I know my journey is far down the road, and even though it may be shockingly late to admit, I will state outright: My relationship with Santa Claus always was precarious, and as a child, I was more than a little ambivalent about that old, hairy, oversized, dressed in red guy. From the beginning of time, at least time in the 1950’s, Santa was supposed to be not only a generous gift bringer, but a huge joy bringer to all the children who were good little boys and girls. For me, this was not the case.
When I was very young, words to express my reaction to Mr. Claus had not formulated. I was not able to communicate effectively that his appearance and actions scared the socks off me. And every year, regardless how I felt, the Santa rituals began shortly after Thanksgiving, when my siblings and I were taken downtown to visit with him. I dreaded this event, and my behavior was perplexing to parents who only wanted their children to experience the fun of Christmases they had wanted, but missed out on due to the Great Depression.
One particular year, I am certain, became the benchmark for all future Santa Claus visits. My mother had dressed us up, and drove us downtown to a large department store. We arrived fairly early in the afternoon, and took our places in line. Although the other children there seemed to be having a good experience, I was anxious, and very uncomfortable waiting for something I did not want to do, at all. We moved forward a few steps at a time, inching closer and closer to the raised throne, whereupon a really big, sweaty, loud man, dressed in red, with long white hair, and a long white beard sat, rushing children on and off his lap with all the panache of a noisy, insincere Christmasy conveyor belt. Tears had begun to trickle down my cheeks, because stress always made me cry. Not the big, wailing, tears gushing kind of cry; just the little leaky eyed, sniffly nose, pressure release valve sort of cry. I knew I was expected to be happy and appreciate this golden opportunity to tell Santa in person what I wanted for Christmas, but I already had dictated a list to my parents, and they had mailed it to the North Pole. To me, that was enough. I really did not like the idea of talking to the gruff guy in a fur-trimmed red suit.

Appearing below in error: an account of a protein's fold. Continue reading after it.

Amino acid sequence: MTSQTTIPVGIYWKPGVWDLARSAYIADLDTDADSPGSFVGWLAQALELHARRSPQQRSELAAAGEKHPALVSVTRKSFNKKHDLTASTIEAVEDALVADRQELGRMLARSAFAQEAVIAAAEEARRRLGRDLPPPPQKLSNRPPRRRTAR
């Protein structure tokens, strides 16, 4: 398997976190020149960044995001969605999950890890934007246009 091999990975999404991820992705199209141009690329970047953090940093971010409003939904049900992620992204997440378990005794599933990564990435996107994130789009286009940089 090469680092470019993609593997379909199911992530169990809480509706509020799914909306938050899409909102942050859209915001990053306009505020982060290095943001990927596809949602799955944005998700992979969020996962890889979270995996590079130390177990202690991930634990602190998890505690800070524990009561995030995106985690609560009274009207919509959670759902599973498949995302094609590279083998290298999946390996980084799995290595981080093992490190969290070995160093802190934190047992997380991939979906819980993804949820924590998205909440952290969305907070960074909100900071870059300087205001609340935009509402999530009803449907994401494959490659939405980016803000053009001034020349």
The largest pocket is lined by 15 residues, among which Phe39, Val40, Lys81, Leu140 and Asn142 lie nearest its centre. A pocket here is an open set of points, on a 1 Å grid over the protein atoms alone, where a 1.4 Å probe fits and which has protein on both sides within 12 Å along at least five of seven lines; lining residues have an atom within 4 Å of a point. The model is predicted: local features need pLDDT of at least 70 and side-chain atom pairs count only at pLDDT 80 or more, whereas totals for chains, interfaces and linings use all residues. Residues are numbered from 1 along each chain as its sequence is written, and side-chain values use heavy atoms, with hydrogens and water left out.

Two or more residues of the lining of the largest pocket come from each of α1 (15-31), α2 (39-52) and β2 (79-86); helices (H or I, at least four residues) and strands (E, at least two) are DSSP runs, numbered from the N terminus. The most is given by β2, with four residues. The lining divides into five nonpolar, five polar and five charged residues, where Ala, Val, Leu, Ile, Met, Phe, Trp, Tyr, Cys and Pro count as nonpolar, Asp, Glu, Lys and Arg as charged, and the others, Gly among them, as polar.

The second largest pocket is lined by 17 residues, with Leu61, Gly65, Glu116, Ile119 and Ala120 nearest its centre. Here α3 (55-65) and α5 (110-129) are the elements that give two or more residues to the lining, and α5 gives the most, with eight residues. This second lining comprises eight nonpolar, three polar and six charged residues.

And then, “Oh no!” It was my turn; my moment had arrived. I was grabbed by Mrs. Claus, lifted, and unceremoniously plopped onto Santa’s lap. He launched into his “Ho, ho, ho! What do you want for Christmas?” routine used on every child who was thrust onto his ample lap. I took a deep breath, wiped my cheeks, and proceeded to tell him as methodically as possible the things that had caught my eye earlier in the month, while poring over the toy section in the Sears Catalog.